Aquatics Blog


Competitive swimmers execute headfirst dive entries from starting blocks into pools where water depths can vary. If the swimmer’s head strikes the bottom of a pool, this could result in damage to the cervical vertebrae, thus may result in quadriplegia. This was a significant topic of conversation in the industry in the early 1980s when a varsity swimmer at a university was injured in practice.

In prevention of Cervical Spinal Injuries (CSI), a cohesive plan currently does not exist in a minimum uniform water depth, which would lessen the likelihood of catastrophic tragedies. “No Diving” signs are posted when the water is less than five feet deep in some states, and four feet in others. This is still more inconsistency. What is the right depth for balancing safety and function for in a swimming pool? What depth? And what about recreation/therpy swimmers?  

Here’s the Confusion

Up until the early 2000s the industry standard water depths were in the 3 feet 6 inches to 4 feet range. November 2001, the NFSHS changed minimum water depths from 3 feet 6 inches to 4 feet. USA Swimming followed suit with a note that teaching off a starting block shall be limited to 5 feet water depth. 

Policy makers, swimming pool rulebooks, and state swimming pool codes still lack research in regard to water depth requirements under starting blocks. Moreover, water depth requirements under starting blocks in governing bodies’ rulebooks not only conflict with one another but often conflict with state statutes, which may in turn conflict with local county and municipal ordinances.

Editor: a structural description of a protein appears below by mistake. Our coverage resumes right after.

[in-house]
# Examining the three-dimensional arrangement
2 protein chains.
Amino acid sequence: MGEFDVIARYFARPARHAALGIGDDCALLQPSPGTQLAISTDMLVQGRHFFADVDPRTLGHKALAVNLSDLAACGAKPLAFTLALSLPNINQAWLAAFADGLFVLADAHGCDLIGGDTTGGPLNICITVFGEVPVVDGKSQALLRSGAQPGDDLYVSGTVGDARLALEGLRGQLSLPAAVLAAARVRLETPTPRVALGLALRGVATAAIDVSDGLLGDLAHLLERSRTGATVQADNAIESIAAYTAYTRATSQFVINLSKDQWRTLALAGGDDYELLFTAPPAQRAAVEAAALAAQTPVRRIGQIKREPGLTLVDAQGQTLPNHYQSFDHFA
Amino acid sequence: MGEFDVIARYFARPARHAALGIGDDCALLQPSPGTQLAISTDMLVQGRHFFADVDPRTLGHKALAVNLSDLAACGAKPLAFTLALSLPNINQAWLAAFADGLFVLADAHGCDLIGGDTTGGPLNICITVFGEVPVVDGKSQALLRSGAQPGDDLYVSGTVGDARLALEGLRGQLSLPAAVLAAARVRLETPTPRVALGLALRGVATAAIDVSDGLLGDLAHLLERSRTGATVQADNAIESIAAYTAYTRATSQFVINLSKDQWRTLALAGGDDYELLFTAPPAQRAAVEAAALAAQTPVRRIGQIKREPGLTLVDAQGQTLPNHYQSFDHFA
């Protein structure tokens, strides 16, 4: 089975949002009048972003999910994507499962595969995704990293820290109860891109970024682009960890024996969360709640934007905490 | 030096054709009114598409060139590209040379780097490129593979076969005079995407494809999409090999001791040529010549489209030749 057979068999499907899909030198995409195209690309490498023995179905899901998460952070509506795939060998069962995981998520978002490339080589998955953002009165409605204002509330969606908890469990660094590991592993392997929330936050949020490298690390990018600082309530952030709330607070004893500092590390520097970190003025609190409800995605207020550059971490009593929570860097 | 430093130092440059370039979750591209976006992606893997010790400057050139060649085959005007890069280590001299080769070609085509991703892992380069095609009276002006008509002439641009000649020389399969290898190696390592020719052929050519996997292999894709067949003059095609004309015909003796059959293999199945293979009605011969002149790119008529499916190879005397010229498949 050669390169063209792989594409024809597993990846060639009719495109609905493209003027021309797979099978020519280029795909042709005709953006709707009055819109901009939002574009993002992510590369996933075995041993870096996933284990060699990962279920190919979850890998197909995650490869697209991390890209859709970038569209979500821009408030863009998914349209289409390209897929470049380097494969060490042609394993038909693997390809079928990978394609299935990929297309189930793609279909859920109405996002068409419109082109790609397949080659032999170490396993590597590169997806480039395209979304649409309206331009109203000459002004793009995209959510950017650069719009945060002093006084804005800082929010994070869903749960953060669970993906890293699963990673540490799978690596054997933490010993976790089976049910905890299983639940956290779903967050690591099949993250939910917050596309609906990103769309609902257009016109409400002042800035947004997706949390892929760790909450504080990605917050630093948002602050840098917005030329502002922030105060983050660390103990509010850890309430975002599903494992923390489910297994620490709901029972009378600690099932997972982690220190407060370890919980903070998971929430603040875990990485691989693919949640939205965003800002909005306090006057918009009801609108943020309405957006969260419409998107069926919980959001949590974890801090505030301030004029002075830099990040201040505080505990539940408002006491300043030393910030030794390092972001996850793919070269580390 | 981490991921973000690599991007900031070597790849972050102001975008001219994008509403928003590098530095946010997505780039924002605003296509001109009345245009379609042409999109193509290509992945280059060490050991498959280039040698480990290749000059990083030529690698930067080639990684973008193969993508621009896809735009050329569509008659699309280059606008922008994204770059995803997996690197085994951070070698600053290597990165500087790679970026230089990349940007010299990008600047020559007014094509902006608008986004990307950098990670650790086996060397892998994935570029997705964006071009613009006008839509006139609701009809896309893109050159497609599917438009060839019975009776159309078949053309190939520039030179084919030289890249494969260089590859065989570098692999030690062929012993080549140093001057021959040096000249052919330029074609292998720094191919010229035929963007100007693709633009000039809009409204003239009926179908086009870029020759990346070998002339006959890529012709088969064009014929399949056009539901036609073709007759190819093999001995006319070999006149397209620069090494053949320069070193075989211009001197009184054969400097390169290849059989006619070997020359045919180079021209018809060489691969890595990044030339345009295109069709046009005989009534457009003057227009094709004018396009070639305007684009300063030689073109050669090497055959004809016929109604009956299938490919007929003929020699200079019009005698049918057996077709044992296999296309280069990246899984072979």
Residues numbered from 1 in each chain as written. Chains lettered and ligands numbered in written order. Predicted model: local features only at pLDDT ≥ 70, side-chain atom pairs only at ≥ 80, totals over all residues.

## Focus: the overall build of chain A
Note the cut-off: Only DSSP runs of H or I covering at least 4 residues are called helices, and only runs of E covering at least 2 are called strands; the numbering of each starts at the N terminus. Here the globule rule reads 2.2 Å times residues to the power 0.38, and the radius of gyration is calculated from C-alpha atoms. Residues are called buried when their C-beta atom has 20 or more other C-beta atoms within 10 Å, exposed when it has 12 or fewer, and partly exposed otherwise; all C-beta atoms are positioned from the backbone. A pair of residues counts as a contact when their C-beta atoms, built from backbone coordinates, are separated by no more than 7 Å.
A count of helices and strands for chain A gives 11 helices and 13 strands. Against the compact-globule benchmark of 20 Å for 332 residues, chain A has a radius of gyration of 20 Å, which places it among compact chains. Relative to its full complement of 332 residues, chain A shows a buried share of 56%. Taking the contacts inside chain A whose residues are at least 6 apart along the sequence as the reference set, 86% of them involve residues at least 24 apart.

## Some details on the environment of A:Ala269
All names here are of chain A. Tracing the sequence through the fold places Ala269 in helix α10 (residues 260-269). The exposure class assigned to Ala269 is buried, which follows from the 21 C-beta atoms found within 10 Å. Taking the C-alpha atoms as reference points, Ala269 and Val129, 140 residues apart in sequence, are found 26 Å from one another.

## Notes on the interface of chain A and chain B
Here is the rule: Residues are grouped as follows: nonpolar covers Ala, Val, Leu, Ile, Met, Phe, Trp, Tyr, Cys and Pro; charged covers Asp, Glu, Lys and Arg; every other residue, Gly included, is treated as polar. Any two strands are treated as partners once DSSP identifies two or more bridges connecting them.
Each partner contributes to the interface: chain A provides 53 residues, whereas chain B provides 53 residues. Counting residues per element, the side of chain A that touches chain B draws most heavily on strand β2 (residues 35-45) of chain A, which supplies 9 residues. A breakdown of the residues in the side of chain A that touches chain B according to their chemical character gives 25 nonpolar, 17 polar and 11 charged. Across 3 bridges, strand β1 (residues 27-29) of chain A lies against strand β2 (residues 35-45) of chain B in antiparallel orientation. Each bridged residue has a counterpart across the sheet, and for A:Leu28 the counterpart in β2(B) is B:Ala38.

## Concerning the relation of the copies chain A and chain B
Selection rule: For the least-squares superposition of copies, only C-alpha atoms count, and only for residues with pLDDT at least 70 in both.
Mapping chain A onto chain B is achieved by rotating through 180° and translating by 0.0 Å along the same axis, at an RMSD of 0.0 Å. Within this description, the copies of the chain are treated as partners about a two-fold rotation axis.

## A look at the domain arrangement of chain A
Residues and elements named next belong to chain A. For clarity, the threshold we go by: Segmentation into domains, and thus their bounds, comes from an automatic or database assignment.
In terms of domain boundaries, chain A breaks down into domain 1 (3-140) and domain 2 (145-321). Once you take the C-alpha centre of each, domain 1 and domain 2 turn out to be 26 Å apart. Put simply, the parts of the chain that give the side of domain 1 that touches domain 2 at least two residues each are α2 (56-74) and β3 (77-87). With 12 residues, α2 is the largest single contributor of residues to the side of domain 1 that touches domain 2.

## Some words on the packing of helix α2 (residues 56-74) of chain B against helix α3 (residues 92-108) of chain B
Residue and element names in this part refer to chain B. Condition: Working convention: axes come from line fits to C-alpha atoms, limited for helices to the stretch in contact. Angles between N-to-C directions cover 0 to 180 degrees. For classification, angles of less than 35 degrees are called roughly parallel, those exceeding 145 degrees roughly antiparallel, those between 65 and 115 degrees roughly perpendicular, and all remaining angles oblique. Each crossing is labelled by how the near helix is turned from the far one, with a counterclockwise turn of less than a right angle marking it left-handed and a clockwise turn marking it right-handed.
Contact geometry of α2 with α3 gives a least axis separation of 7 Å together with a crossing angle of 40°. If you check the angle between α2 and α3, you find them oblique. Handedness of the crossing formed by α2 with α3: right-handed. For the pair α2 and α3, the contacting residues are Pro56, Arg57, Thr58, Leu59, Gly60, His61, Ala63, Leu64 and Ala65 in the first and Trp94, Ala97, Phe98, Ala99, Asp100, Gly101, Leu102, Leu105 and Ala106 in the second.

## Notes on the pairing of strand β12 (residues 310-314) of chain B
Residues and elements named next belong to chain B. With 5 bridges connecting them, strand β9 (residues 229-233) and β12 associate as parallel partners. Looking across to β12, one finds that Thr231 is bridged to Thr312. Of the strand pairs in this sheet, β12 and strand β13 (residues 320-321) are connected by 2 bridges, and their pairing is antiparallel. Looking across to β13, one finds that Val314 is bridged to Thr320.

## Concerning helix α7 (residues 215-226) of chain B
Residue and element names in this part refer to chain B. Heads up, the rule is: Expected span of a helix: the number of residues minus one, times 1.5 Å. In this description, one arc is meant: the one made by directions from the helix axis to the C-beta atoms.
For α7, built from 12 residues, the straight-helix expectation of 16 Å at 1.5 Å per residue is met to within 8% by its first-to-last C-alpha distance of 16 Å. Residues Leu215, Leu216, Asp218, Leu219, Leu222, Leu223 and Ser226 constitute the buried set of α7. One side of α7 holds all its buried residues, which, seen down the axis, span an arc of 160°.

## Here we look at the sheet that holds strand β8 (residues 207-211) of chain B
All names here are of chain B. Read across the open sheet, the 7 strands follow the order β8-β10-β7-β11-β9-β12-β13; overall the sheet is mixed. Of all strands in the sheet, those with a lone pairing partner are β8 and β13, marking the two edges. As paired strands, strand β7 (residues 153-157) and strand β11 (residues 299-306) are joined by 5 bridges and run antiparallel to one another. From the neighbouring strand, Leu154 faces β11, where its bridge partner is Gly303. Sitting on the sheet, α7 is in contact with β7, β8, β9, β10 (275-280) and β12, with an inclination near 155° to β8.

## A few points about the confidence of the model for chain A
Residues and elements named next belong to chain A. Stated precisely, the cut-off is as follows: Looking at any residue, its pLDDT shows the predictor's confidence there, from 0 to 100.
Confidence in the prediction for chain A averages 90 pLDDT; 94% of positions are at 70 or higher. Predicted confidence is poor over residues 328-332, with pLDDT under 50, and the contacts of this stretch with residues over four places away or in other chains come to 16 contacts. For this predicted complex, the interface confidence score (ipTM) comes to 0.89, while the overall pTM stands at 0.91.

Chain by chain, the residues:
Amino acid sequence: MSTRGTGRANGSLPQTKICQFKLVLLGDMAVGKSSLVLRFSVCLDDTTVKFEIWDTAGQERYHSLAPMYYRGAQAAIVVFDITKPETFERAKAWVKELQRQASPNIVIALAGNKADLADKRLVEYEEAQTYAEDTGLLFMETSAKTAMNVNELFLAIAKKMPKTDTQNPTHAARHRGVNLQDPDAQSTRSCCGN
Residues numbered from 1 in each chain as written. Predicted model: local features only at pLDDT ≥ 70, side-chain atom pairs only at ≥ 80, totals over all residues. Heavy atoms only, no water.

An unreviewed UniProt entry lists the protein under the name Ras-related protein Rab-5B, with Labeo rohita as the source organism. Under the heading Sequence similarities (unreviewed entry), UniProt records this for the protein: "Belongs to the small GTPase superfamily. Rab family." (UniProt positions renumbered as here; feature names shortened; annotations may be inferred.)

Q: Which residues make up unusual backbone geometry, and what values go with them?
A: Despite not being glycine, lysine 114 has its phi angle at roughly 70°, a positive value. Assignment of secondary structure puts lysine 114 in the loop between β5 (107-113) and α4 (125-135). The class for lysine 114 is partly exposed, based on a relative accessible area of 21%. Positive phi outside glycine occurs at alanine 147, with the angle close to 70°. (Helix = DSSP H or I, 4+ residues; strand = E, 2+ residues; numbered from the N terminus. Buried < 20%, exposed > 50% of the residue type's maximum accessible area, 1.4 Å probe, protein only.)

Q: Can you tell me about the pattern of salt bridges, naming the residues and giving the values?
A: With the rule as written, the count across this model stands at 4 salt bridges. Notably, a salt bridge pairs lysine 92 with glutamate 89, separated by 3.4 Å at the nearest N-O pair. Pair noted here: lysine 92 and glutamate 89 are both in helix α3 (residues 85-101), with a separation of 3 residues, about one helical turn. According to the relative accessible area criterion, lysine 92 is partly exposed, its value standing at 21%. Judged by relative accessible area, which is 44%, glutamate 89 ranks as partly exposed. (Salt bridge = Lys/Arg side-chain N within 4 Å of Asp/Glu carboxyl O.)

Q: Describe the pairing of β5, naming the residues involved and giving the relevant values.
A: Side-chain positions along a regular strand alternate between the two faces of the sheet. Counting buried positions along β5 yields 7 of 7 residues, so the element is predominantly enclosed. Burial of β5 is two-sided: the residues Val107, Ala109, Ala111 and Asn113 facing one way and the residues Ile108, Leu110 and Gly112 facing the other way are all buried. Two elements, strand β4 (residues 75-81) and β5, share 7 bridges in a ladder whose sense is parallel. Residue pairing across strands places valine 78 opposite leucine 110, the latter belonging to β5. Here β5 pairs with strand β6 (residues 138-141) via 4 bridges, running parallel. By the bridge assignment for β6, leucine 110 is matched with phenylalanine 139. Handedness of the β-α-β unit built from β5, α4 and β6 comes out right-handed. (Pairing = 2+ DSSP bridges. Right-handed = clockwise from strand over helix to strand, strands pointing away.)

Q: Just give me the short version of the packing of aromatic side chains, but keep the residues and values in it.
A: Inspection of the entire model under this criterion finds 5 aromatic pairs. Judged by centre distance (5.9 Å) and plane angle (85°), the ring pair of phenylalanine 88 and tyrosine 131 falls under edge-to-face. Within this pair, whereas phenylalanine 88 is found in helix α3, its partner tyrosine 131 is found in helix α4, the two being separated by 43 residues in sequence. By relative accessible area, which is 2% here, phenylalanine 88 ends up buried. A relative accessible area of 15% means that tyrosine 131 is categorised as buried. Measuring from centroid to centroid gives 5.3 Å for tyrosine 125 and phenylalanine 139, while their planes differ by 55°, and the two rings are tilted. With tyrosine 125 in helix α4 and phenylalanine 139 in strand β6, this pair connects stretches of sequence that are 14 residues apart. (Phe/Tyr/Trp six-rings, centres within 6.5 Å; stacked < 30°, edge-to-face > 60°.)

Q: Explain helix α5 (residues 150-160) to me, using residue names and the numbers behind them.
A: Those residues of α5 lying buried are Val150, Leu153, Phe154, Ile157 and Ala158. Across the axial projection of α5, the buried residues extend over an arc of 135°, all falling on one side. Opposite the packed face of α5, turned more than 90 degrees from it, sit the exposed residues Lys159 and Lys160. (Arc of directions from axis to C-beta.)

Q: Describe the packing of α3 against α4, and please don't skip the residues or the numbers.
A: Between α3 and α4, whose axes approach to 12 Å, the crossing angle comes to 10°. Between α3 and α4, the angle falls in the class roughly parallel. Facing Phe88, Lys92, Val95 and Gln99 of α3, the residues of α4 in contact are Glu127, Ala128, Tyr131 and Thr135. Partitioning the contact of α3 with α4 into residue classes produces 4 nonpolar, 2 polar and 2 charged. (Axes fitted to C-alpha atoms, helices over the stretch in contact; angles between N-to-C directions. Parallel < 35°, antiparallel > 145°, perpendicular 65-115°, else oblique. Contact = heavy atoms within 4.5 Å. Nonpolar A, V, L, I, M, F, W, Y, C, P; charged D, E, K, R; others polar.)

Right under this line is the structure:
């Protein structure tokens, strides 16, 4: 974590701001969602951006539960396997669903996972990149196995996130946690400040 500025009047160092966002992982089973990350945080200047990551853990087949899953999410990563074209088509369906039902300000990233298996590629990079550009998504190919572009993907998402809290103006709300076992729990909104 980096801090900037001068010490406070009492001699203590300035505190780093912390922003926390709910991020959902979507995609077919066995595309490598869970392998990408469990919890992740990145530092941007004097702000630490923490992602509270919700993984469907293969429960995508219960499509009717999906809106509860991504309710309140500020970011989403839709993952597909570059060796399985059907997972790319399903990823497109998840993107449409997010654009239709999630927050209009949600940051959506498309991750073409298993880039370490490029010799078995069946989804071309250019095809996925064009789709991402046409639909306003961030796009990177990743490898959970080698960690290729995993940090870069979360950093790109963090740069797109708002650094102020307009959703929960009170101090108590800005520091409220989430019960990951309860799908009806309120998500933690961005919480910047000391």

The following shows a variance among the four aquatic governing bodies, as well as the YMCA and the American Red Cross, in regard to water depth for headfirst entries. 

Federation Internationale DE Natation (FINA): 4 feet 5 inches.

National Collegiate Athletic Association (NCAA): 4 feet.

National Federation of State High School Associations (NFSHS): 4 feet.

USA Swimming and US Masters Swimming: 4 feet for racing, 6 feet for teaching.

YMCA: 5 feet.

American Red Cross: 9 feet.  

The Research

There has been plenty of research on the health advantages of recreation, lesson, fitness, and competitive swimming and how it impacts safety and lifestyle. Here’s a nice shout out to water safety programs and ongoing swim lessons nationwide. Even though more and more people are exposed to a growing number of swimming pools at new aquatic facilities across the nation, drowning death rates in the United States have declined in the last decade according to the Centers for Disease Control and Prevention.  

Should We Build All-Deep Water Pools?

Is the answer that we build all-deep water pools? And if so, how deep? Twenty years ago swimmers swam nearly their entire race at the surface. Today most elite swimmers swim a large percentage of their races 3 to 4 feet below the surface, utilizing a butterfly (dolphin) kicking technique. In a shallow pool, swimmers utilizing this technique may face higher drag forces and may even have to modify their technique.